Kathryn Slattery learns that when it comes to letting go, you need to have faith.
Mar 10, 2009
It is every parent’s fantasy—especially in today’s achievement-oriented culture—that their child will move joyfully and effortlessly through life, leaping from success to success, from one mountaintop experience to the next.
As parents, it’s tempting to believe that if we simply improve on the parenting we received, our children will be protected from life’s hurts and troubles at least the kind of hurts and troubles we may have experienced as children. There’s a certain irresistible logic to this idea.
Because we love our children, we want to believe we somehow possess the power—through our parenting—to guarantee their happiness, wellness, and success in life.
For example, the parent who grew up in a household where there was the stress of chronic debt and arguments about money will try to make sure their financial house is in order.
The parent who grew up in a household where education was not valued will want to make sure that their children study hard and do well in school. The parent who grew up in a household that was shattered by infidelity or divorce will do everything she or he can to create a sense of stability and security.
In my case, because I lost my beloved father to alcoholism, I made sure that ours was a household where there was no parental substance abuse.
Because I grew up in a household where problems were sometimes denied, I worked hard to encourage open and transparent communication in our family. Because I grew up in a household where faith was not so important, I made a conscious effort to introduce our two children to God at an early age, and nurtured that faith throughout their growing up years.
These were all well-intentioned efforts. But the older I get—or perhaps I should say the older our children get—the more humbled I am to discover that no matter how many steps my husband and I might take to insure our children’s smooth-going in life, they must ultimately find their own way.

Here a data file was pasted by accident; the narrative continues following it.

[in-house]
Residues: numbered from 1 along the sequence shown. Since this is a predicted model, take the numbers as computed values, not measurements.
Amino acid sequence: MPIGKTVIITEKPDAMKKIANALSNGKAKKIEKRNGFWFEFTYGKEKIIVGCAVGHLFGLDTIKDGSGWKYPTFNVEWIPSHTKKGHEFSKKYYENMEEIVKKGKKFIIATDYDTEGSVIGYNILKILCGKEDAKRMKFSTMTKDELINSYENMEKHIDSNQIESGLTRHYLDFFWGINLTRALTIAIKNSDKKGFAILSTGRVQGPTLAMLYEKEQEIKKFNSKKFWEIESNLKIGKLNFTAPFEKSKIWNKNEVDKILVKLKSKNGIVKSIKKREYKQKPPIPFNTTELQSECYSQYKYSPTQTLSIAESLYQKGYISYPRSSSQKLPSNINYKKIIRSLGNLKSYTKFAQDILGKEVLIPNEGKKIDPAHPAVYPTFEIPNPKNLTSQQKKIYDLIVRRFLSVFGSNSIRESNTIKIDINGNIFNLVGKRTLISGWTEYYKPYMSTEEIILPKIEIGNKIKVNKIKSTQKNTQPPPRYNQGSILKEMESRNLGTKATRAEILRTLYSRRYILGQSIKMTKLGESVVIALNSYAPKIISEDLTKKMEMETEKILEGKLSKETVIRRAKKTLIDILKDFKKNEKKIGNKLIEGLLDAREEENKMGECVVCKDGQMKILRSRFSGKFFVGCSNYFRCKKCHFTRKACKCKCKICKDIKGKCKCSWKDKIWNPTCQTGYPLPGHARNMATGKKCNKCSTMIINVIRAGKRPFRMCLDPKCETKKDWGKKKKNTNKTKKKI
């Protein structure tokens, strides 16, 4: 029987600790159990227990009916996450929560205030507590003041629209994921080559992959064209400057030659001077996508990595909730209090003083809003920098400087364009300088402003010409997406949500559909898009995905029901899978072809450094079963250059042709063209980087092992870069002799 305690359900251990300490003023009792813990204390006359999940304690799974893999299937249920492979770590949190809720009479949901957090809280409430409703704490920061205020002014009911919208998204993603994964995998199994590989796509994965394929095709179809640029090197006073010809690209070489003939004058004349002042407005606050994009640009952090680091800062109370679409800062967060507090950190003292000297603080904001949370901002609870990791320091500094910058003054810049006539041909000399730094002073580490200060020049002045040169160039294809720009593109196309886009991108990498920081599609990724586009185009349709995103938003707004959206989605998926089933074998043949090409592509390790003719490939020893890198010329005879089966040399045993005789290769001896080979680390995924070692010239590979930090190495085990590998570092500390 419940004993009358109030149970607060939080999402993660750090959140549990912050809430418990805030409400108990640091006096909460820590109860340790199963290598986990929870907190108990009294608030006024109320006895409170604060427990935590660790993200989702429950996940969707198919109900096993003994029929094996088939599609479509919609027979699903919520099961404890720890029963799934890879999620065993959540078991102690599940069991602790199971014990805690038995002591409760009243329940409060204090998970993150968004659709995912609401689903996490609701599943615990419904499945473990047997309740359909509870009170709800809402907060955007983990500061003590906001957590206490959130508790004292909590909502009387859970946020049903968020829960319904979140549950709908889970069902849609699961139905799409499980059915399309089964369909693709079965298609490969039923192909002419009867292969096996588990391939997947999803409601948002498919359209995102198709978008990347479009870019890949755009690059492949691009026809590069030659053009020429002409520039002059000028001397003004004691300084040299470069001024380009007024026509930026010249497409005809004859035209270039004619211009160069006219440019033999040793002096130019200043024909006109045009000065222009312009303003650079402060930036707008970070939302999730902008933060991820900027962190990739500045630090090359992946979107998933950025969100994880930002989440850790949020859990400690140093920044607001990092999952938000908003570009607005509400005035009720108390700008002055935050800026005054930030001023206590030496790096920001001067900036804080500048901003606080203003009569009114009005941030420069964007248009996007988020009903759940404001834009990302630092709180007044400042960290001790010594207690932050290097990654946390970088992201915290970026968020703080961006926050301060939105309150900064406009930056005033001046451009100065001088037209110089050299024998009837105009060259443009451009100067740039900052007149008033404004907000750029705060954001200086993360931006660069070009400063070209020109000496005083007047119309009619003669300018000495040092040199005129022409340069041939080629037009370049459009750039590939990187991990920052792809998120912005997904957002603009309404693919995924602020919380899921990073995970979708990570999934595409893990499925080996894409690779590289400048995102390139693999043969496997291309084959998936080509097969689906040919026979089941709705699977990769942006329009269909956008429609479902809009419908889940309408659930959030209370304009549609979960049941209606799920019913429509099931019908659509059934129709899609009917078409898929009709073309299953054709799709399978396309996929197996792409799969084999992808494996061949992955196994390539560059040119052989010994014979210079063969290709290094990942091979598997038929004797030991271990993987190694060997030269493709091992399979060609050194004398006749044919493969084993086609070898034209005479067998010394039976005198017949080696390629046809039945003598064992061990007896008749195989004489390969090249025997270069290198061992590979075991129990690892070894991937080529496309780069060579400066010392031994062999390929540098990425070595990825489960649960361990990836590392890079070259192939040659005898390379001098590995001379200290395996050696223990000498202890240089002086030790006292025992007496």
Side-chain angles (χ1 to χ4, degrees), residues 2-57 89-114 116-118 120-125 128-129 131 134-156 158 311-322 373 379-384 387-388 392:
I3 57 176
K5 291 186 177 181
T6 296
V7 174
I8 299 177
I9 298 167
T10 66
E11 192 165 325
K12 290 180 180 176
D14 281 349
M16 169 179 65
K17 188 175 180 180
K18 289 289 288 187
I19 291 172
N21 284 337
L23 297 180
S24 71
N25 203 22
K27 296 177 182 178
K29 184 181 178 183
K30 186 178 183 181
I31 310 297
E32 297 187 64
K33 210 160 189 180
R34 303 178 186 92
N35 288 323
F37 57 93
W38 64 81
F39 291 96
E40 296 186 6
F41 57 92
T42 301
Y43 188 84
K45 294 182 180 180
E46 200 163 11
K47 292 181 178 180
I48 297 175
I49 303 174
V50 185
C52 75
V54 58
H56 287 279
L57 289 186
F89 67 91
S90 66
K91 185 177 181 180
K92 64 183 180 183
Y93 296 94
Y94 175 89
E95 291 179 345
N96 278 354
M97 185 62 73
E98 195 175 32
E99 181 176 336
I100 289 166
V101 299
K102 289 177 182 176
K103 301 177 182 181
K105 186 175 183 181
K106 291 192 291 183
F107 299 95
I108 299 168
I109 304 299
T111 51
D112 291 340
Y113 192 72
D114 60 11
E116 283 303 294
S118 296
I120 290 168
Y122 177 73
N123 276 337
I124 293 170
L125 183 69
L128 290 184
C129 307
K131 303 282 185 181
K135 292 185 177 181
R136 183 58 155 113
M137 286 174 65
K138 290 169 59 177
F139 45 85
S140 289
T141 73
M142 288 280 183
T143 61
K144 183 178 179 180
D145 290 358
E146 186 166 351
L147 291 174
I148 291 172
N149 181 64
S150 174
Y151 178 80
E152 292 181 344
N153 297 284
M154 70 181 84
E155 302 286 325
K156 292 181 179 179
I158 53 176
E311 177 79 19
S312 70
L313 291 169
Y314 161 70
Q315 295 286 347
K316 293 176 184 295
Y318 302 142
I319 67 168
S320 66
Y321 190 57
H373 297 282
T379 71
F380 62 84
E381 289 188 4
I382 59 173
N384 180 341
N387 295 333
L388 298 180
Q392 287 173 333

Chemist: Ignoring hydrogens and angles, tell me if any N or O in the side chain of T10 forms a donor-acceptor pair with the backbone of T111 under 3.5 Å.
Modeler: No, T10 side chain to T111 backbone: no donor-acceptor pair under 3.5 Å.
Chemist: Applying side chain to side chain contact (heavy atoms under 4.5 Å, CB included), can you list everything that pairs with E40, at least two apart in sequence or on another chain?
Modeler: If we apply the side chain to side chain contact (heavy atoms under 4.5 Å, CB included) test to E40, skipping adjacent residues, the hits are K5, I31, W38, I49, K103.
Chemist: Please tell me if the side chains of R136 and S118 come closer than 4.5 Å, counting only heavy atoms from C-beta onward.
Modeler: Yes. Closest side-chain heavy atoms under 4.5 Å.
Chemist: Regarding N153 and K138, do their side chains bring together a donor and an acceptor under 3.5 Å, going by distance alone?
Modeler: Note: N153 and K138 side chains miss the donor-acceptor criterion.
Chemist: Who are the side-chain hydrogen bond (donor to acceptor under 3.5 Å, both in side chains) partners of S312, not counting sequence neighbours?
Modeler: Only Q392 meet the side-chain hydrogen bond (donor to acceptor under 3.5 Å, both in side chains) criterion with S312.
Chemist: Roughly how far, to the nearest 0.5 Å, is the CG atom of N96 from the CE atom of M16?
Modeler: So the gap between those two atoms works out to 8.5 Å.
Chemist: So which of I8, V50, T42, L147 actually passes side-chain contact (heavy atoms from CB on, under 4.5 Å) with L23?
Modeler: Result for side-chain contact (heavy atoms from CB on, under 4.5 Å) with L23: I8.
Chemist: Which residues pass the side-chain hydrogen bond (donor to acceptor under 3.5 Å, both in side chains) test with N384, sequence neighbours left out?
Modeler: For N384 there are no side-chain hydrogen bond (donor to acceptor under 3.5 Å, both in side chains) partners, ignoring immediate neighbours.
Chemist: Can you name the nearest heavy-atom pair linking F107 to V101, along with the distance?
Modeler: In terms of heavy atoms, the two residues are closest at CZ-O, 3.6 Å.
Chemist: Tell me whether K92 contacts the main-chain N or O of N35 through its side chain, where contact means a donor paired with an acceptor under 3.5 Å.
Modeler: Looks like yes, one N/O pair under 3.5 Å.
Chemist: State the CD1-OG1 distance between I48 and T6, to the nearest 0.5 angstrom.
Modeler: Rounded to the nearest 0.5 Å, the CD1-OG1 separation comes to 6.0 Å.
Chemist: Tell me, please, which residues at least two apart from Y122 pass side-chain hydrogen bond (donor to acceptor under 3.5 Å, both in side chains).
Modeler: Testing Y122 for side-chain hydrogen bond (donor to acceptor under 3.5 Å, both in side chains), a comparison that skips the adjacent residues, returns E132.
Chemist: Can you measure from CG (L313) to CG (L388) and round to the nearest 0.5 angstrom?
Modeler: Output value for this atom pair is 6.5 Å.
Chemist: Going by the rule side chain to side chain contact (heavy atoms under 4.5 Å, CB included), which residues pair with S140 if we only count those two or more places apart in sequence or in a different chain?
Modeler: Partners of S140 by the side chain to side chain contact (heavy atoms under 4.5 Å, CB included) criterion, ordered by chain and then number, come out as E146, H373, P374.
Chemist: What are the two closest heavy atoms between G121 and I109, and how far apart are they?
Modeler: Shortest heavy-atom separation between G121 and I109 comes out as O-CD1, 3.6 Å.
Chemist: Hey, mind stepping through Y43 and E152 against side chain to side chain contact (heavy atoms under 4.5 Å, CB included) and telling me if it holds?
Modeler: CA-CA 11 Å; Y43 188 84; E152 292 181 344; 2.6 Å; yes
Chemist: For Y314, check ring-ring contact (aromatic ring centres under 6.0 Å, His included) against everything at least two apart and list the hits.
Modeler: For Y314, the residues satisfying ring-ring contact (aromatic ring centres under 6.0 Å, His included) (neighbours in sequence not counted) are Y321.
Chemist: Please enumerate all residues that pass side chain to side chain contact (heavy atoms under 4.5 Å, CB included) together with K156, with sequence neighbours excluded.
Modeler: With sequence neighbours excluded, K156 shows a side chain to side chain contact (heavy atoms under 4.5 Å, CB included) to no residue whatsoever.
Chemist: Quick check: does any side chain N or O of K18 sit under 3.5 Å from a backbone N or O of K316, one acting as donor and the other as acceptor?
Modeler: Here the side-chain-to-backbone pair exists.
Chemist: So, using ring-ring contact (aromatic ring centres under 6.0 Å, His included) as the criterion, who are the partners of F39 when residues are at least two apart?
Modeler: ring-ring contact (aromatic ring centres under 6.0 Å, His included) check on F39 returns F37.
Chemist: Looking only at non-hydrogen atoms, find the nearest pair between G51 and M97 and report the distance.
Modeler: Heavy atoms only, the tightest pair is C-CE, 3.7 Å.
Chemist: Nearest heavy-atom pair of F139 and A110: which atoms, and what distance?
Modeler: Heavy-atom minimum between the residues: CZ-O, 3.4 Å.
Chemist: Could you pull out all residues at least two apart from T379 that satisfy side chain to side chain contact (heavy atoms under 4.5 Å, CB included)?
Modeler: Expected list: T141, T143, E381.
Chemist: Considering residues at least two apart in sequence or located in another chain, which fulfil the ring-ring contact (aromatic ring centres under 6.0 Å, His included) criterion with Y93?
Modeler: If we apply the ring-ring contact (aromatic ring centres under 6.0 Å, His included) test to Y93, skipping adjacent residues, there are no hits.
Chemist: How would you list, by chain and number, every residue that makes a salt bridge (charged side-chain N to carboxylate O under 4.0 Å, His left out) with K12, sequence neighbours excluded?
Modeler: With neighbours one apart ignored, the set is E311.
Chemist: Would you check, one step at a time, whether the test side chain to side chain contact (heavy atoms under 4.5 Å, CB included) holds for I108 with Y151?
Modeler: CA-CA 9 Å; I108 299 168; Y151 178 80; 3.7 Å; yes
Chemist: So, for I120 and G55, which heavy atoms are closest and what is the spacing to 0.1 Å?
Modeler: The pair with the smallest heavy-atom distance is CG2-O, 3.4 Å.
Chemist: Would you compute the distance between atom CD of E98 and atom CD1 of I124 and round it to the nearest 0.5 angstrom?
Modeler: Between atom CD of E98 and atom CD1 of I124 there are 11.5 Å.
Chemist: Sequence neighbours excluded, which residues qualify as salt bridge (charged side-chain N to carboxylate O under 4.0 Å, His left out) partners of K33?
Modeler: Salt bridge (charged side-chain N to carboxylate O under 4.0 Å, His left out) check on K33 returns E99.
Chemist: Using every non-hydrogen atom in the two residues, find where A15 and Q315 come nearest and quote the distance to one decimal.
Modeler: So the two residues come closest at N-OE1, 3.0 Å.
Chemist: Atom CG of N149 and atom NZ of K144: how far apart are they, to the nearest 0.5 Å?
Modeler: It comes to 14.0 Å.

Despite all that we might do with the hope of inoculating them from life’s pain and troubles, they will still have their own hurtful experiences. They will still make mistakes. This is because our children—like we—are human.
Because our children are human, we can be sure they will struggle with illnesses and accidents. They may become entangled in negative relationships. They may make poor choices, sometimes with serious and lasting consequences. They may even choose to reject God.
When these things happen, our children will give us sleepless nights. They will anger and disappoint us. Sometimes they will break our hearts. But I am beginning to learn that it is in the pain of trying times that our children are also learning critical life lessons, and that their character is being forged.
As a person of faith I am learning to trust that, even in the midst of the most difficult circumstances, God is working in our children’s lives. I am learning to internalize Paul’s message of hope to the early believers in Rome when he wrote, “All (Not some, but all!) things work together for good for those who love the Lord and are called according to his purpose.”
Just the other day I was talking about these things to a good friend (and mother of four grown sons) when she suddenly turned to me and said, “Oh, Kitty. You worry way too much. Let me let you in on a little secret. Our kids really don’t belong to us. Our kids belong to God. He’s their true father, and he gave them to us on loan, for a season.”
My friend went on to say that despite all our human flaws, God trusts us to do the best parenting we can until the moment comes—and it may very well be a dark and desperate moment—when all we can do is release our children in faith, with prayer, back to their Father Who loves them more deeply and more perfectly than we ever can.
My friend is right. Letting go is so much easier when I remember that I am releasing my children to a deeply personal God who has every hair on their head counted. A loving Father who sends his angels to watch over them, and who has every day of their lives written in his book of life. Most importantly, I am surrendering my children to a God who knows far better than I what’s best for them.
As the prophet Isaiah wrote thousands of years ago, “’For my thoughts are not your thoughts, neither are your ways my ways,’ says the Lord. ‘For as the heavens are higher than the earth, so are my ways higher than your ways and my thoughts higher than your thoughts.’”
To recognize that I don’t always know what’s best for my adult children, but to trust that their loving Father in heaven does…
That, I am beginning to learn, is the secret of letting go.